Here’s another great story with lessons learned from innovation blunders.
It’s an excerpt from Why (Smart Companies) Do Dumb Things by Calvin L. Hodock
In this series of case studies, Hodock shares insight on avoiding 8 common mistakes in new product development.
In the case of Rogaine, it was mismatched positioning.
Fifty million American men experience male-pattern baldness. In 1996, they received some very good news. The Food and Drug Administration cleared Rogaine, a topical 2 percent minoxidil solution, as an over-the-counter hair regrowth drug for men and women with common hair loss. Hallelujah! Men suffering from hair loss often experienced “anxiety, loss of self-confidence and even depression”. Rogaine gave hair-challenged men a dual benefit—a full head of hair and the restoration of self-esteem.
Rogaine had a natural contagion, because the preliminary buzz purported it to be nothing short of a miracle. As a result, it had an avalanche of positive publicity prior to its market introduction. Wall Street was especially euphoric about Rogaine’s prospects, and its parent company, Upjohn (now Johnson & Johnson), did nothing to temper the financial cheerfulness coming from the street. In this situation, Rogaine’s positive buzz turned out to be destructive rather than helpful. Here’s why.
Balding males naively believed their departed hair follicles would return instantly by rubbing Rogaine into their scalps twice a day for a month or so. Rogaine initially attracted the most extreme cases of male-pattern baldness, primarily older males in their fifties and sixties desperately grasping for their youth. Rogaine could not deliver for these extreme cases. There was a deep ravine between positioning expectations and product delivery.
Rogaine is a complex product, as explained to me by a Pfizer marketing executive. It is only effective in about 40 percent of the cases. It can take eight months to see the best results. The product is not particularly effective in cases of frontal baldness or receding hairlines. Compliance is essential to see any results. It must be used twice a day. If treatment is stopped, reversal occurs, losing any benefits from treatment. The application process—rubbing it into the scalp twice a day—is awkward. Rogaine later attempted to make it easier with an aerosol foam version.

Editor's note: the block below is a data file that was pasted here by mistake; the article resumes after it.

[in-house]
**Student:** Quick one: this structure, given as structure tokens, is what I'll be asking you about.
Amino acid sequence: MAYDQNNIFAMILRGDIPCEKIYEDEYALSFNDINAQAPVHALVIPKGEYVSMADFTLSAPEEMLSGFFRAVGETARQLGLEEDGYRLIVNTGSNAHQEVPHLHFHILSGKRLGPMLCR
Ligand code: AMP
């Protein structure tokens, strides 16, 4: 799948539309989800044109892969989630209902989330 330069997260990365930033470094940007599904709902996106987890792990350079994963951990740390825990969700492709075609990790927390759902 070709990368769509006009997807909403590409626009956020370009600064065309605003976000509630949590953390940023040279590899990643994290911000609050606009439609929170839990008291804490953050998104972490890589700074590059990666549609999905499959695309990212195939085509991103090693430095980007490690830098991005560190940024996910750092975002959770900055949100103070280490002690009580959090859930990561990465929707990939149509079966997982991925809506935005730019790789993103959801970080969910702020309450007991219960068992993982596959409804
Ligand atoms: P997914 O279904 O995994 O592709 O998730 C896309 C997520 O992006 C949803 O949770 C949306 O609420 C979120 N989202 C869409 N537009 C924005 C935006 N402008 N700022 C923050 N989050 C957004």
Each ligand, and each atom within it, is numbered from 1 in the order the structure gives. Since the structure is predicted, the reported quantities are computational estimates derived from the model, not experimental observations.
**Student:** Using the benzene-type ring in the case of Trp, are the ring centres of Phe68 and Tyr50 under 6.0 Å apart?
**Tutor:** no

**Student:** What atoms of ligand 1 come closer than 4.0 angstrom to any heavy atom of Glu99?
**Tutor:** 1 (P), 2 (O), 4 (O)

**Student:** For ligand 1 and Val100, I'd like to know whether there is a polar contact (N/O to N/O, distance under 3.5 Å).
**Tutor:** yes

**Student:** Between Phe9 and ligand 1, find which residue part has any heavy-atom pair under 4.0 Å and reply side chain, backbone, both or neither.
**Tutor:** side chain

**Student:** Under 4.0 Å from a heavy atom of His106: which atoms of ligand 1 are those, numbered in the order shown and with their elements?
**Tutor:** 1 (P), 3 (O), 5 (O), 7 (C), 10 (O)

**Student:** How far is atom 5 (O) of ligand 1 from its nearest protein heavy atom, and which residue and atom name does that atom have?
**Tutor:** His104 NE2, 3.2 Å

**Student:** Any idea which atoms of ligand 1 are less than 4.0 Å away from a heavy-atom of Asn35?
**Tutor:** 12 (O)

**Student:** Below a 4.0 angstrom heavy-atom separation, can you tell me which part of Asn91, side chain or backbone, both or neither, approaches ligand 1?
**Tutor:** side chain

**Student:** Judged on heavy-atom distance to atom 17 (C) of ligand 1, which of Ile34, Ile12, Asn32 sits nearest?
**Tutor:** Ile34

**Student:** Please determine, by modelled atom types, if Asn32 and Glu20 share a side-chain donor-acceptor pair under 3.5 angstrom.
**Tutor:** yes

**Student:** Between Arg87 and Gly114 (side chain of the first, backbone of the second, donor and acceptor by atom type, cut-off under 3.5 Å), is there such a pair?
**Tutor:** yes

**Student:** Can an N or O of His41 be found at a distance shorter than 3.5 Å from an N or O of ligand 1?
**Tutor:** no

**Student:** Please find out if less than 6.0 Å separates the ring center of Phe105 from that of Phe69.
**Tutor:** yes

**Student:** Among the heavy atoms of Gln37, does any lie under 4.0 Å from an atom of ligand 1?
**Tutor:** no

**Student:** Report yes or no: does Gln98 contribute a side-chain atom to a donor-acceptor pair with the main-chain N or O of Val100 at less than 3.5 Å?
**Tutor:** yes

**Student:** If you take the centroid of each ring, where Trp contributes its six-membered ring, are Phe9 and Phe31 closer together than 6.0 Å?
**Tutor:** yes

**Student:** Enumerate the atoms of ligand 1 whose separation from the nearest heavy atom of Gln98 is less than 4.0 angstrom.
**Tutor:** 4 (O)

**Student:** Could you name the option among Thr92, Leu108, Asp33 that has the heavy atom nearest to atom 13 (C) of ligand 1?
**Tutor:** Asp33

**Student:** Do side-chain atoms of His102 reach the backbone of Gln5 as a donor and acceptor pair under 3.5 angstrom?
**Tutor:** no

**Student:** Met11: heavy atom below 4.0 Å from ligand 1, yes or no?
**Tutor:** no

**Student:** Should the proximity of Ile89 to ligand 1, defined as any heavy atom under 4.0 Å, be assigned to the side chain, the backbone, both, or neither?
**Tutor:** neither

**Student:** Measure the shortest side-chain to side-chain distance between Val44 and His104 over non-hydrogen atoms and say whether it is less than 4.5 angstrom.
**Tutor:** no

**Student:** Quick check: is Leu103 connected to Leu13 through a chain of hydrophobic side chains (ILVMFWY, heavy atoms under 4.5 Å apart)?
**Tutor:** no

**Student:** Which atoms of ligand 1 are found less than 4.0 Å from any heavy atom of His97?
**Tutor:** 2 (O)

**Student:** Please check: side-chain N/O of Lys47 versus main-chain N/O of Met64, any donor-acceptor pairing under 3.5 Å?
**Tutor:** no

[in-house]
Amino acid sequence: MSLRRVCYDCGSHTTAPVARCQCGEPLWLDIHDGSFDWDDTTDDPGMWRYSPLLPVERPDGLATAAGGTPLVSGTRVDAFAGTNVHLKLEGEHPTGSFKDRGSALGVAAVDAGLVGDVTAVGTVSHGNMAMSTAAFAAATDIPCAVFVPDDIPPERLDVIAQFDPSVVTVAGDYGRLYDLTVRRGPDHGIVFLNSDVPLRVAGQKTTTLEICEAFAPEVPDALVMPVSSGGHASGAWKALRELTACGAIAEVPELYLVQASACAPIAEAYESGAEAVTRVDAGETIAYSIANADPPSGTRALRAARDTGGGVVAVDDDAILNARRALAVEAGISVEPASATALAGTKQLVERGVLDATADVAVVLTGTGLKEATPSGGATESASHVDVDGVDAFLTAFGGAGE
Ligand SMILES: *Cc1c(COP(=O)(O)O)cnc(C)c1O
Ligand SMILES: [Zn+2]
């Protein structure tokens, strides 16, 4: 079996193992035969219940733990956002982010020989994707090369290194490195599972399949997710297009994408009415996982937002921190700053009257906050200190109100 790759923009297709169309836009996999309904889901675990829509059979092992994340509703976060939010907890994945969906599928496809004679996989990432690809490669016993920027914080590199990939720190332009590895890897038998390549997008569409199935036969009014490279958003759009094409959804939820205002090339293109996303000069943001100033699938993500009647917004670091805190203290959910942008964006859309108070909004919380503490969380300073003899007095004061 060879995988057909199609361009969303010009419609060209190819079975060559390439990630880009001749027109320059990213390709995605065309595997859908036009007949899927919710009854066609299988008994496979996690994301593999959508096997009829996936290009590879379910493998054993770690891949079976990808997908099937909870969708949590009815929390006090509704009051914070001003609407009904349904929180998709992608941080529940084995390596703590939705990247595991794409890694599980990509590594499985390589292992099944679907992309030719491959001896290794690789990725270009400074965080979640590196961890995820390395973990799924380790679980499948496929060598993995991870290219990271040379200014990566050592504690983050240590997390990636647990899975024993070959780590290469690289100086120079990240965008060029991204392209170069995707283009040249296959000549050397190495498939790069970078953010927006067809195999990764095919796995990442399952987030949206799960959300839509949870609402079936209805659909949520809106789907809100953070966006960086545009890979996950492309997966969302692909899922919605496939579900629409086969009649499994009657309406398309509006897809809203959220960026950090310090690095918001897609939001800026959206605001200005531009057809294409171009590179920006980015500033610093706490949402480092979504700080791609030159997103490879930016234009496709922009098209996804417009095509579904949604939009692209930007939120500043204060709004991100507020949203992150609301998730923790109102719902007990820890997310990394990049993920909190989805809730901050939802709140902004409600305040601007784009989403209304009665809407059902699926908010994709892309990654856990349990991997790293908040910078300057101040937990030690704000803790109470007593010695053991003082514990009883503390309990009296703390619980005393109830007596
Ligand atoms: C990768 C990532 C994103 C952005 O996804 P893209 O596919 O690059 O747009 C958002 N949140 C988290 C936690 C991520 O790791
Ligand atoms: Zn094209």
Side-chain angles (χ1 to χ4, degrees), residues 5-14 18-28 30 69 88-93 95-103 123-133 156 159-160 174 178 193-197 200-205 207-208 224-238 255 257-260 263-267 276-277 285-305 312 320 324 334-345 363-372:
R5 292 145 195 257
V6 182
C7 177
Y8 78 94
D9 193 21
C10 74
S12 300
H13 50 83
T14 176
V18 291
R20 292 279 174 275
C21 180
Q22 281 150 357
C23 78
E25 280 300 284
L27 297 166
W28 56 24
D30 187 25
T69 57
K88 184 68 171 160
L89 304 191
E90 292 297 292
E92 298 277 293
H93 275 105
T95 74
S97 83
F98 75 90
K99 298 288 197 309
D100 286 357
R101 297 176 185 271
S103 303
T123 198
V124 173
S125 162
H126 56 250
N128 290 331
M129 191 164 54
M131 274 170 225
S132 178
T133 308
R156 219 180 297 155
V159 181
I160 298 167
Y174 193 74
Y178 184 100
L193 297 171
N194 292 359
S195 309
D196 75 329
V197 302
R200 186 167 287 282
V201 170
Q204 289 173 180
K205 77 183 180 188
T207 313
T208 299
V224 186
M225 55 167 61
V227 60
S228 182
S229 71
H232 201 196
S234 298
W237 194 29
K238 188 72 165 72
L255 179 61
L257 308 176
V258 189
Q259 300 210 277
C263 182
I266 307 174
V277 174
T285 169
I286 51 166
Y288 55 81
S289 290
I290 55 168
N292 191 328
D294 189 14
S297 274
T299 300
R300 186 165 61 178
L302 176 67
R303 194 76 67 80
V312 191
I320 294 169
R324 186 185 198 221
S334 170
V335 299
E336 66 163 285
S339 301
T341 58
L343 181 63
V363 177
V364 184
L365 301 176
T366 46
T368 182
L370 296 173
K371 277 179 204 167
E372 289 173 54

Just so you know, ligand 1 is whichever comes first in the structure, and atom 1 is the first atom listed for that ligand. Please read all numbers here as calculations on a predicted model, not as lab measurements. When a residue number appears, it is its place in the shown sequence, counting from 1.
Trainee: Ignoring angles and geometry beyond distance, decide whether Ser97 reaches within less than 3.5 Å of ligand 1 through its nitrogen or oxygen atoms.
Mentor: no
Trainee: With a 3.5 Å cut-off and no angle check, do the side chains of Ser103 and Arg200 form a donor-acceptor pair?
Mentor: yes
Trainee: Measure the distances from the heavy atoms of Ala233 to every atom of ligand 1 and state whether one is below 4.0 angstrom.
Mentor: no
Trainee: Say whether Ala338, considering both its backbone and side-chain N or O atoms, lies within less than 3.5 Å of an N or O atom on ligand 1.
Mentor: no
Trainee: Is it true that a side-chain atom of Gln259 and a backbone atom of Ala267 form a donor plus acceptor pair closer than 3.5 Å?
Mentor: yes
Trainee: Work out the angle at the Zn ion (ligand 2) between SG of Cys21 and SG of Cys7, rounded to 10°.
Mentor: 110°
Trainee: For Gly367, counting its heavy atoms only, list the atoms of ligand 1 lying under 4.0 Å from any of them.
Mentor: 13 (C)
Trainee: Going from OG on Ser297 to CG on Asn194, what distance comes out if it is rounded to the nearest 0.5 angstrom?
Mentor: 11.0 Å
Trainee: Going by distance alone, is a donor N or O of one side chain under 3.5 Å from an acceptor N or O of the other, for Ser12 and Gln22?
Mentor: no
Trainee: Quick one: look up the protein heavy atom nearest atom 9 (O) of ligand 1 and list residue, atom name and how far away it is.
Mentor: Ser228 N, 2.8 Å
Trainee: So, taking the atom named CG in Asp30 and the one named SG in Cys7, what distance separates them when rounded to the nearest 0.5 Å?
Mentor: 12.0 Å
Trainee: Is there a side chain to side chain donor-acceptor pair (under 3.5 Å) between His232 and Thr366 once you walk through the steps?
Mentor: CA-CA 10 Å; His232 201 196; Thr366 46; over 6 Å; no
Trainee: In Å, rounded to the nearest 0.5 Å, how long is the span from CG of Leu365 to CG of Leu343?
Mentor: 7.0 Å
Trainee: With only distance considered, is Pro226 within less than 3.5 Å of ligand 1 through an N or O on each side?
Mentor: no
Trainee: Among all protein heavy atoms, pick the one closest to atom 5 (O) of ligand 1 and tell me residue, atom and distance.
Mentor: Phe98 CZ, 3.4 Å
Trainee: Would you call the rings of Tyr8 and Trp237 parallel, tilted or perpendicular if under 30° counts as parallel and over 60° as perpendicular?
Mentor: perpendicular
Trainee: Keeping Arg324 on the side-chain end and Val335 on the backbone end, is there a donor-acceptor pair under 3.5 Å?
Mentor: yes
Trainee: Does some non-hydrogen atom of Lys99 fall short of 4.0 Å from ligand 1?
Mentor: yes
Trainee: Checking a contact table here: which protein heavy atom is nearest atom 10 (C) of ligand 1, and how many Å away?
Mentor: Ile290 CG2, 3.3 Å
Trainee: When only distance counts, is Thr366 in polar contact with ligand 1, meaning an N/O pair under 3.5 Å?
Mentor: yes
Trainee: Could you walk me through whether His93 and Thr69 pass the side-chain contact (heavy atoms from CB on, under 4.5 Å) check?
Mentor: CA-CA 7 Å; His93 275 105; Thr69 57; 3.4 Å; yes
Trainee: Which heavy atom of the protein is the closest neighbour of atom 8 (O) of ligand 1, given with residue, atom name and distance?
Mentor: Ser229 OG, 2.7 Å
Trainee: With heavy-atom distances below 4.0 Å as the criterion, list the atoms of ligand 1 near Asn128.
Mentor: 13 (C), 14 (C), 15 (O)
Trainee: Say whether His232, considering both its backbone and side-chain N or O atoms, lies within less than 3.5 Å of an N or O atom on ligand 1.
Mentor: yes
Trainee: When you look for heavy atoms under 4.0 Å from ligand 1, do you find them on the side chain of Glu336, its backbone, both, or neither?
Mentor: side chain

Since many of the initial users represented extreme cases and a desire for instant gratification, they dripped out; their perceived expectations—“where’s my new hair??—weren’t instantly achieved. The buzz-worthy product was still talked about, but the talk turned negative from a large segment of disappointed men, dampening Rogaine’s prospects for marketplace success.
Rogaine currently does target younger men with a more forthright approach that the product works for a certain type of male-pattern baldness, but it is not a panacea for every conceivable case of male baldness.
The makers of Rogaine made two major mistakes:
- Rogaine made no attempt to dismantle the early perceptions that it was a miracle product. This set an unrealistic level of expectation with respect to its product performance with the brand’s early bird customers.
- Rogaine required an extensive educational process to help men understand its strengths and limitations; this was never acted upon.
The net result was a wide gap between positioning expectations and product performance.
The product must be able to deliver on the positioning’s benefit promise, or there will be inevitable consumer backlash. It’s hard to get the toothpaste back in the tube. That’s why marketers must get the positioning strategy right the first time out of the staring gate.
Second chances are very rare.
Rogaine never lived up to its potential, because the initial positioning and target segment were wrong from day one.